Book Review: The Liberation by Ian Tregillis
I received a review copy from the publisher. This does not affect the contents of my review and all opinions are my own.
Mogsy’s Rating: 4.5 of 5 stars
Genre: Science Fiction, Fantasy
Series: Book 3 of The Alchemy Wars
Publisher: Orbit (December 6, 2016)
Length: 464 pages
I pondered for a couple days how to rate The Liberation. I definitely liked it more than the previous book, but probably not as much as the first one so in the end I decided to split the difference. In any event, there’s no denying this was a fantastic conclusion to a brilliantly crafted trilogy. Bravo, Ian Tregillis, bravo!
Set in the early 1900s, The Alchemy Wars is an alternate historical steampunk series featuring France and Netherlands at war. That the outcome of the conflict will be decided by the might of the Dutch’s powerful clockwork automaton army was already a foregone conclusion—though no one on either side had expected the twist of events that would ultimately lead to the fate of both nations hanging in the balance. For you see, those so-called mechanical “Clakkers”—who were supposed to be mindless and utterly loyal and obedient to their human masters, according to their creators—actually turned out to be not so mindless after all.
For centuries, these free-thinking sentient machines have been held under the powerful control of series of magical geasa, forced to serve as slaves. When the spell that has shackled them is suddenly broken, the result is a swift and chaotic rebellion. The Liberation is its final act, exploring the actions of an oppressed group which has finally experienced its first taste of freedom. While their bodies might be made of metal and glass, the Clakkers have minds that function like our own and a culture that includes language and religion. For all intents and purposes, they are human. And just like humans, their response to their newfound independence is varied and unpredictable, as this novel shows.
Every sci-fi fan knows that robot uprising stories are nothing new. But to me, the genius behind The Alchemy Wars is in the way Ian Tregillis has adapted the theme, framing it within a uniquely different narrative and setting. Here, there are no clear lines drawn between the A.I. and humans. The robots are us. They have the same potential for compassion and evil. They are as just likely to be our allies as our enemies. The human characters themselves are morally grey as well, in that I can’t say conclusively whether anyone in this series is depicted as a true hero or villain. Incidentally, that’s the nature of many of Tregillis’ stories.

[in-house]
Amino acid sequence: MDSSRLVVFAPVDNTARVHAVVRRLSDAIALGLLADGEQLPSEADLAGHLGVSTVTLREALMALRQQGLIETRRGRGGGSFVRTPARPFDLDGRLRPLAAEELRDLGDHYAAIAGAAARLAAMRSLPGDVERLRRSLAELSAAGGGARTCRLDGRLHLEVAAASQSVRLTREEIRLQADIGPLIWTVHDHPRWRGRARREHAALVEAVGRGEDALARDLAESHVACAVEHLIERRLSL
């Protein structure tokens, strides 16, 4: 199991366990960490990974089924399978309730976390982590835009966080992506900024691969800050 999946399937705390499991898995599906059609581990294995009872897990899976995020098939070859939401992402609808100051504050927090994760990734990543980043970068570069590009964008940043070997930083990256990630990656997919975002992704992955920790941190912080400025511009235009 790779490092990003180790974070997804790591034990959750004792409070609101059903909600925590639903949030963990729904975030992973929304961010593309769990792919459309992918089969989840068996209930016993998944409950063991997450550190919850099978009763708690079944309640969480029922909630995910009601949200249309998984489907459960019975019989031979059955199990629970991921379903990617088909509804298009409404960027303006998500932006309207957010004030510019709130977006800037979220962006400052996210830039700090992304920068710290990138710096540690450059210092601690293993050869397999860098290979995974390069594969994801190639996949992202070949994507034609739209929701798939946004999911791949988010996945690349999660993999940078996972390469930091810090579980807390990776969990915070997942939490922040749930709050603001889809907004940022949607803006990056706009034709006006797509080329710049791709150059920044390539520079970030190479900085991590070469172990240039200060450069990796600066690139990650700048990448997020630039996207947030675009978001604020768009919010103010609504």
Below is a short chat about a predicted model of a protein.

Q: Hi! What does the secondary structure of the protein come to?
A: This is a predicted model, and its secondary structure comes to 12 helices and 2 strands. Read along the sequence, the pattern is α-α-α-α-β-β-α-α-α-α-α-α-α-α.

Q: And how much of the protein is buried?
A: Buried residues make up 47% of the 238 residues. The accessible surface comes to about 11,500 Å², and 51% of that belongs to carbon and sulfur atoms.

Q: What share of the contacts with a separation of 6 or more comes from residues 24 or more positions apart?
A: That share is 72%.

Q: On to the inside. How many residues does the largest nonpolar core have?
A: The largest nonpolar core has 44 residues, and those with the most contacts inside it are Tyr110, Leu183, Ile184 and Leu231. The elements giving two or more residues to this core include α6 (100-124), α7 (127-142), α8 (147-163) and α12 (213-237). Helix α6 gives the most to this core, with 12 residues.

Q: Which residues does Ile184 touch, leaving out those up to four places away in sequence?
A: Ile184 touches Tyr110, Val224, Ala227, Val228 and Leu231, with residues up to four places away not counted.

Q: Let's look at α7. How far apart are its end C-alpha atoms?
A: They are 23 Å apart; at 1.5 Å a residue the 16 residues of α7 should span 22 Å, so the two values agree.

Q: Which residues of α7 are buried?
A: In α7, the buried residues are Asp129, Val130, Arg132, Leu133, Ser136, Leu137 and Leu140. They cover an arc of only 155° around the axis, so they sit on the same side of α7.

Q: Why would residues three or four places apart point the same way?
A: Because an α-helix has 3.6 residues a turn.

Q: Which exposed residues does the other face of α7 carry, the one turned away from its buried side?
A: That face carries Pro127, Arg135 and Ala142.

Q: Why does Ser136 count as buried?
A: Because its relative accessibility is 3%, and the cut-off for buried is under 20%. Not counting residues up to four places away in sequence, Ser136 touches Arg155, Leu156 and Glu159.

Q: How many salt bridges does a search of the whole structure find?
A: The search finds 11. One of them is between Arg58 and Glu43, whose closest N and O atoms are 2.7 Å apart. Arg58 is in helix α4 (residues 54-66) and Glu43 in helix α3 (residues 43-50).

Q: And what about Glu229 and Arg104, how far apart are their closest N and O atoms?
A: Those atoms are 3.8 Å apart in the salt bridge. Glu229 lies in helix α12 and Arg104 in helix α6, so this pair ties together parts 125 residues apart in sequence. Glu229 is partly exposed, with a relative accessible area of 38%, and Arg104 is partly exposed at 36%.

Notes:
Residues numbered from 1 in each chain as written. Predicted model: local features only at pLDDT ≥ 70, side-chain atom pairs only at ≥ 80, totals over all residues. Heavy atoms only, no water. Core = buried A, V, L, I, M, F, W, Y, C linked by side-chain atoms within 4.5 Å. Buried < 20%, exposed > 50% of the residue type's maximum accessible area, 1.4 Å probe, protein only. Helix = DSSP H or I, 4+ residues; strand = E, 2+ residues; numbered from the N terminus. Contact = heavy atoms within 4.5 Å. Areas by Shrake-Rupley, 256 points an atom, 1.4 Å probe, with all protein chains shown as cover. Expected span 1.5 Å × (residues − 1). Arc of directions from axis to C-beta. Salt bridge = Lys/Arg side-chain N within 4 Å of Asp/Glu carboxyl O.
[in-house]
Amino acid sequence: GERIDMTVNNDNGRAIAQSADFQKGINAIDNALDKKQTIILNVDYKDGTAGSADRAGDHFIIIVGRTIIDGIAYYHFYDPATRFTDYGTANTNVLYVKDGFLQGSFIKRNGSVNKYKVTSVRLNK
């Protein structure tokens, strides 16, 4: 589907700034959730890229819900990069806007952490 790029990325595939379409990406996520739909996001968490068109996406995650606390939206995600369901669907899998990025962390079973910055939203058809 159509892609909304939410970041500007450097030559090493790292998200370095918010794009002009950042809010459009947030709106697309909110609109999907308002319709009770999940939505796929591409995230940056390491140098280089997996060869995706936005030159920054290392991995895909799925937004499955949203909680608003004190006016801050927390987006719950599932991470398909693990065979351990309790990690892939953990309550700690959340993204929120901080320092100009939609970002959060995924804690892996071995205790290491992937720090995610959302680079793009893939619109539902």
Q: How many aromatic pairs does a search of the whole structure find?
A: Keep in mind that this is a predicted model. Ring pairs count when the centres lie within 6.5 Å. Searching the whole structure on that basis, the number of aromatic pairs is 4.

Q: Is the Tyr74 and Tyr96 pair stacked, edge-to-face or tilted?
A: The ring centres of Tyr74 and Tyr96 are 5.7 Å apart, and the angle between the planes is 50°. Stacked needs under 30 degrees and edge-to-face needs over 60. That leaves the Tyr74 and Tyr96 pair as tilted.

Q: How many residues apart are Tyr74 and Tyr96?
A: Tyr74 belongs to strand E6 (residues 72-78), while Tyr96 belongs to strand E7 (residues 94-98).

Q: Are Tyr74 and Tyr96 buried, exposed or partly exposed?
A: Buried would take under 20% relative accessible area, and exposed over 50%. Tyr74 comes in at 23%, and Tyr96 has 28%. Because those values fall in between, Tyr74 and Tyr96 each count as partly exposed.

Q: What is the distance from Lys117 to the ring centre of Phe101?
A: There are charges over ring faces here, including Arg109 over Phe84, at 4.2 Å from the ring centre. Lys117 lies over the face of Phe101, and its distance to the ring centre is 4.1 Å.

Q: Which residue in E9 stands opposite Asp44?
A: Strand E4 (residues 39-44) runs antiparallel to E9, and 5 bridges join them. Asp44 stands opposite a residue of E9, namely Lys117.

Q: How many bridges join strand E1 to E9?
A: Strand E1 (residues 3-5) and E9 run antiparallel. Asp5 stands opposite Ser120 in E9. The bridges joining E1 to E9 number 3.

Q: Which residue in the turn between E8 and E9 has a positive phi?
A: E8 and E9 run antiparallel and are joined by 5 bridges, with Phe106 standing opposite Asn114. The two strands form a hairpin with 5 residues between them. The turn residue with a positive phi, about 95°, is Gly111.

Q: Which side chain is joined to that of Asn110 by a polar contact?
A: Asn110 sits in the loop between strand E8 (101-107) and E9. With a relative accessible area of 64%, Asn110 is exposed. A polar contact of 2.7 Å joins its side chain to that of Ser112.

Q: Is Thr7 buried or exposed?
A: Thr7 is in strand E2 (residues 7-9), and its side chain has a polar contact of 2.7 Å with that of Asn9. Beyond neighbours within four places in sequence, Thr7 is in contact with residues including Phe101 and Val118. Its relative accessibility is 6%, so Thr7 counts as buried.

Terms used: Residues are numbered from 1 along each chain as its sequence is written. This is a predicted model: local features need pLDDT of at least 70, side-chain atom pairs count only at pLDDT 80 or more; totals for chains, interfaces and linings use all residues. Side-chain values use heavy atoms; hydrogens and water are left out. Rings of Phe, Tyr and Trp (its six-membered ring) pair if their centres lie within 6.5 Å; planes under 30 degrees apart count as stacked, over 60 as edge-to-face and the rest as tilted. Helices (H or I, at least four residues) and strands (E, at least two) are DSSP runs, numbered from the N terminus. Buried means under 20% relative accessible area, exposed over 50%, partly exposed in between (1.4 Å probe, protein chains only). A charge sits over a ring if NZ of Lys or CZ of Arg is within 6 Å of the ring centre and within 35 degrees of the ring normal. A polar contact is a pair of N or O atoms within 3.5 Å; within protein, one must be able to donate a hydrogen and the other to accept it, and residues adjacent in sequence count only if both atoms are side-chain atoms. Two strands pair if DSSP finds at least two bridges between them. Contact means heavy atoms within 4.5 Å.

Over the course of this trilogy the books have switched their focus between different characters, but in my review of The Rising I wrote that I was starting to look at The Alchemy Wars as being Jax’s series, and The Liberation has not really changed that opinion. Jax, a mechanical servitor who was one of the first to be freed from his geasa, has now rechristened himself Daniel after the events of the previous book. Each installment has seen a major turning point for his character, his role having evolved from wanted fugitive to reluctant messiah, and you will see his moment of truth in this final novel.
Another important figure is Berenice, the disgraced former spymaster for the French. Despite all the tragedies that have befallen her, she has not backed down, fighting her way back to the Americas where Marseilles-in-the-West houses the exiled royal court of France. While her goals align with the Clakkers’ fight for freedom, if the last two books have taught me anything, it is that Berenice is an ambitious woman who values her own agenda above all others—though to be fair, her character has also come a long way since The Mechanical. Her flaws notwithstanding, Berenice remains one of my favorite characters, and I have to wonder if that is because she reminds me so much of Chrisjen Avasarala from James S.A. Corey’s The Expanse. Both women are strong-willed, foul-mouthed, and major forces to be reckoned with.
Missing from action though, is Hugo Longchamp. It was a little disappointing, since he was one of the standouts from The Rising. Still, I understood the reason for his diminished role and the need to bring in other perspectives in order to paint the full picture for this epic conclusion. Indeed, this book introduces an unexpected though no less fascinating new point-of-view, that of Anastasia Bell, a high-ranking member of the Clockmakers Guild of Amsterdam. For the first time we are getting an up-close-and-personal look at what is happening behind the scenes with the Dutch, and boy it is not pretty. When the story opens, Anastasia has just finished recovering from her grievous injuries sustained from the last book, only to be hit full-on with the Clakker rebellion.
The Liberation is about free will, and the privileges and responsibilities that come with it. It is about how a person (or machine) wields that power, whether you choose vengeance and violence or decide to walk the path of peace. It is about recognizing the humanity in others, and the consequences of ignorance and hubris. It’s a satisfying, stunning end to one of the most compelling and cleverly written stories I’ve ever read. If you’re looking for a series that’s both entertaining and thought-provoking, I highly recommend The Alchemy Wars.